|RTECS number||SZ5640000 (monohydrate)|
|Jmol-3D images||Image 1|
|Molar mass||87.98 g/mol (anhydrous)
105.99 g/mol (monohydrate)
|Density||0.8 g/cm3 (monohydrate)|
|Melting point||90 °C (194 °F; 363 K) (monohydrate)|
|Solubility in water||soluble|
|EU Index||Not listed|
|Other anions||Sodium phosphite
|Other cations||Potassium hypophosphite|
|Related compounds||Hypophosphorous acid|
|Except where noted otherwise, data are given for materials in their standard state (at 25 °C (77 °F), 100 kPa)|
|(what is: / ?)|
Sodium hypophosphite (NaPO2H2, also known as sodium phosphinate) is the sodium salt of hypophosphorous acid and is often encountered as the monohydrate, NaPO2H2·H2O. It is a solid at room temperature, appearing as odorless white crystals. It is soluble in water, and easily absorbs moisture from the air.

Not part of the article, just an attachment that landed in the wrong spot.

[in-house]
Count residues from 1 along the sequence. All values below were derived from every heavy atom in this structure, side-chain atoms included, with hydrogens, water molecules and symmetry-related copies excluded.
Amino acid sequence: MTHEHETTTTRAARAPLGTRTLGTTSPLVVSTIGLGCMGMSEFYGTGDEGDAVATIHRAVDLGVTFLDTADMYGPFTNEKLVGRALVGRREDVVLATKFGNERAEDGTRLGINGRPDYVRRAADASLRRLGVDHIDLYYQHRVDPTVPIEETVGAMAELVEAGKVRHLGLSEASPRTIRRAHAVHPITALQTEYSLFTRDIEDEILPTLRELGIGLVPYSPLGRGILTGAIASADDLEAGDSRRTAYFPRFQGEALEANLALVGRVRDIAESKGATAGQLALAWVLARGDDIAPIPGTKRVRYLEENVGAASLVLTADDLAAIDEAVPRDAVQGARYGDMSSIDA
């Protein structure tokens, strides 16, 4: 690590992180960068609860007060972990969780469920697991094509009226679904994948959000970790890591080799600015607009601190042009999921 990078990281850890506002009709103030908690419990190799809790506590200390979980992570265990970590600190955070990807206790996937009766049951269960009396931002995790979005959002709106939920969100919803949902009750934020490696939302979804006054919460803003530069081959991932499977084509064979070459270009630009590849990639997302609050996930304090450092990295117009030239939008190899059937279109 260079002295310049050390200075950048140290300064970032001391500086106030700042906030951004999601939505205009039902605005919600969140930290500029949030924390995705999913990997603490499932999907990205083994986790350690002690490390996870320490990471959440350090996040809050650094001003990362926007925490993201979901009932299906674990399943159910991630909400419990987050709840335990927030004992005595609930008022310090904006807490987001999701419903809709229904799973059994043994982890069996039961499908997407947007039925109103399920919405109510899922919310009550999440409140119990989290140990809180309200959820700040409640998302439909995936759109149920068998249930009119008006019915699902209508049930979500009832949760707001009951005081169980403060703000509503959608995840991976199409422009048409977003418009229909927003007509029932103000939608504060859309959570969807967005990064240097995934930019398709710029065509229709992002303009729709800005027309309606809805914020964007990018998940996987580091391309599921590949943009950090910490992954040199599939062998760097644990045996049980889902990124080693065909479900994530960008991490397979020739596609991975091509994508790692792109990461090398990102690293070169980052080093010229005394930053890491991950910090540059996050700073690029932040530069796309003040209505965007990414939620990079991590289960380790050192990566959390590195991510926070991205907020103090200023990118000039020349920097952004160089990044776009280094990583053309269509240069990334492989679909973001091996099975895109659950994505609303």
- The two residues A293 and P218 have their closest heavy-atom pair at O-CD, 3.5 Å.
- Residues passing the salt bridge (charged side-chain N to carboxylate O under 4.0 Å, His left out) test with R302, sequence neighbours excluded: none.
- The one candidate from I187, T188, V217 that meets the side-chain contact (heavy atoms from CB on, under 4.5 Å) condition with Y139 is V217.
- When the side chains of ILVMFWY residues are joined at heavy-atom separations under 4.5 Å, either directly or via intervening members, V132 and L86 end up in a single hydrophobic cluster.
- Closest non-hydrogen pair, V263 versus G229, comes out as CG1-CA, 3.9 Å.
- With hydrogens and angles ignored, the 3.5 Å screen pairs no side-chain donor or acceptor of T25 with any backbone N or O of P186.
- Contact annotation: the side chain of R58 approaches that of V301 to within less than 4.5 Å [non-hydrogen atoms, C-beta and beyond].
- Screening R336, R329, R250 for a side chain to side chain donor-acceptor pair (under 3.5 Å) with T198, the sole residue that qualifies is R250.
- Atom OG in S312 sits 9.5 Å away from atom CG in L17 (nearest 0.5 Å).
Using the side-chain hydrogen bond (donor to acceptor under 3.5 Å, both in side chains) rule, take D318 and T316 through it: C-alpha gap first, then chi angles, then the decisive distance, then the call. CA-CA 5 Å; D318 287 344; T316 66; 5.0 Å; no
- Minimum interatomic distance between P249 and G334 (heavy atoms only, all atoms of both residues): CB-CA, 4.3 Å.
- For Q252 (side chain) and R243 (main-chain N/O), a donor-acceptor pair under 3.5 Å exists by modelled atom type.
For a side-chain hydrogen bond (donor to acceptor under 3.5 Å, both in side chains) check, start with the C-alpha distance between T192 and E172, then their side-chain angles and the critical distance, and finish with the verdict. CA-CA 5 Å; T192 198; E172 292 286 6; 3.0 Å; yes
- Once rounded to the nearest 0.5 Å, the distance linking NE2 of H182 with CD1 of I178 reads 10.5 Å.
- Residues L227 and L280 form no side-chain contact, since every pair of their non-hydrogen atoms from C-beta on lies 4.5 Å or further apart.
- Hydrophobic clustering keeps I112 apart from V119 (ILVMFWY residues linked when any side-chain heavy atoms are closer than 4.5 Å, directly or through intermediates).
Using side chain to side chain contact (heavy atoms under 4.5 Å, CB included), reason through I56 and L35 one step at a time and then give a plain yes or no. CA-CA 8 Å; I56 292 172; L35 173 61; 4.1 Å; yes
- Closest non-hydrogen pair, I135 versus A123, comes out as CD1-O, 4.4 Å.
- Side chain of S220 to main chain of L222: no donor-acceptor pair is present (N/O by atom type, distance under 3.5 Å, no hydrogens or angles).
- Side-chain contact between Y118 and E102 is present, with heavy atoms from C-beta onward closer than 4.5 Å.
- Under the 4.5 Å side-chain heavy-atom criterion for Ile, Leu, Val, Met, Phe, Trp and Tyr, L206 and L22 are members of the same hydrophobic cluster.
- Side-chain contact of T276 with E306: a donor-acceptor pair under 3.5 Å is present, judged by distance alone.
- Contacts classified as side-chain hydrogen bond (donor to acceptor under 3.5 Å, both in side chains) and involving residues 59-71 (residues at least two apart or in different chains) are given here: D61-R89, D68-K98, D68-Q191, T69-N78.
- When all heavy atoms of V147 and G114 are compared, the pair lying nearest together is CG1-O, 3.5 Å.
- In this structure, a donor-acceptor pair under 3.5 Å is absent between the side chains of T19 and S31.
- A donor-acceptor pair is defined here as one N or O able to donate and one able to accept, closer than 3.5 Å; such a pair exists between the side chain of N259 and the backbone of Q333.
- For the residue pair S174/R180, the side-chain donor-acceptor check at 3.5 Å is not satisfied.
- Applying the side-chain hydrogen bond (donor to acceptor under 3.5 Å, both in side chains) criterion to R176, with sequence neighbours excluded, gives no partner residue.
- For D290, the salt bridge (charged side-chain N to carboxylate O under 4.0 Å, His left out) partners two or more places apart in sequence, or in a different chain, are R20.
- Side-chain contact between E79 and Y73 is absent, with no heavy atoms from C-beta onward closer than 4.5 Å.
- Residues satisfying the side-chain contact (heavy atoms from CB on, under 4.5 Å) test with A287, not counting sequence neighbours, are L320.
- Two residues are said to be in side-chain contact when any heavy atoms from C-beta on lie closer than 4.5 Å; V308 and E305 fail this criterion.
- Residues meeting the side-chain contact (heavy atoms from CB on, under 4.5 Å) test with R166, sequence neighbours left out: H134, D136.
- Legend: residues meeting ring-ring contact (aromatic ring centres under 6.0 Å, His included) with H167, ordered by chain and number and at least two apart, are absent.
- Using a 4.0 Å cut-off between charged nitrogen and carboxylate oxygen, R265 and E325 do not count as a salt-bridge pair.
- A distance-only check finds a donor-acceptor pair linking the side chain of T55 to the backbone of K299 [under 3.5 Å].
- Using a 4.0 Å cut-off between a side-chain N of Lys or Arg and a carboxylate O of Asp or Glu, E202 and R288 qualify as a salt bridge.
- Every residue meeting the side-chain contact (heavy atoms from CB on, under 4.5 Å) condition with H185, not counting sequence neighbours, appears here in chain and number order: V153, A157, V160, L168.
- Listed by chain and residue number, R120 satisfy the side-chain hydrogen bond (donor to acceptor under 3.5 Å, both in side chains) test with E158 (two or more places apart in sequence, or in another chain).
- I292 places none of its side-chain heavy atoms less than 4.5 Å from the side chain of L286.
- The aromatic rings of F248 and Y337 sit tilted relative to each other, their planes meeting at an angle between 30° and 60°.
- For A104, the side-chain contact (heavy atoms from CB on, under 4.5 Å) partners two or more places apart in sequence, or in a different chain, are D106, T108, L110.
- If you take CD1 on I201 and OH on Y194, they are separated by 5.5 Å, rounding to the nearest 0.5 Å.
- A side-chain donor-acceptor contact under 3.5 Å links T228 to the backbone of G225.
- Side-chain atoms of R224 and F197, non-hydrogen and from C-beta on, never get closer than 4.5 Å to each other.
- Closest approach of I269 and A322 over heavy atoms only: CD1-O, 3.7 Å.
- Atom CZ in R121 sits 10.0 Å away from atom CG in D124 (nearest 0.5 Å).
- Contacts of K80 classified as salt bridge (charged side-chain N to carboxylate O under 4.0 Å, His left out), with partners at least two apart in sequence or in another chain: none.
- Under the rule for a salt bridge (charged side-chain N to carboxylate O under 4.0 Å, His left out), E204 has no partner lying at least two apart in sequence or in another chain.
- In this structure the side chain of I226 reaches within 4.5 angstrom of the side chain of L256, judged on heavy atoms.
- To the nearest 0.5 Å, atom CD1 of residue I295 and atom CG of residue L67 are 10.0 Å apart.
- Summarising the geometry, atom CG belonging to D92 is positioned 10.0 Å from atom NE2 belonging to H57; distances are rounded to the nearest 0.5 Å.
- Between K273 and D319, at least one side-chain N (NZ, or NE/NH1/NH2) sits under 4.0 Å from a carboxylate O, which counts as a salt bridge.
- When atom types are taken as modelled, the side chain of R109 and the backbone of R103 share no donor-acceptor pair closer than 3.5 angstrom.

Sodium hypophosphite should be kept in a cool, dry place, isolated from oxidizing materials. It decomposes when heated and produces toxic phosphine gas, causing irritation to the respiratory tract.
- 2 NaH2PO2 → Na2HPO4 + PH3
Sodium hypophosphite is mainly used for electroless nickel plating. With this method, a durable nickel-phosphorus film can coat objects with irregular surfaces, and can widely be in avionics, aviation and the petroleum field.
Sodium hypophosphite is capable of reducing nickel ions in solution to metallic nickel on metal substrates as well as on plastic substrates. The latter requires that the substrate is activated with fine particles of palladium. The resulting nickel deposit contains up to 15% phosphorus.
It also can be used as a food additive.
DEA List I status
The United States Drug Enforcement Administration designated sodium hypophosphite as a List I chemical under 21 CFR 1310.02 effective November 17, 2001, specifically mentioning the compound together with several other salts of hypophosphorous acid.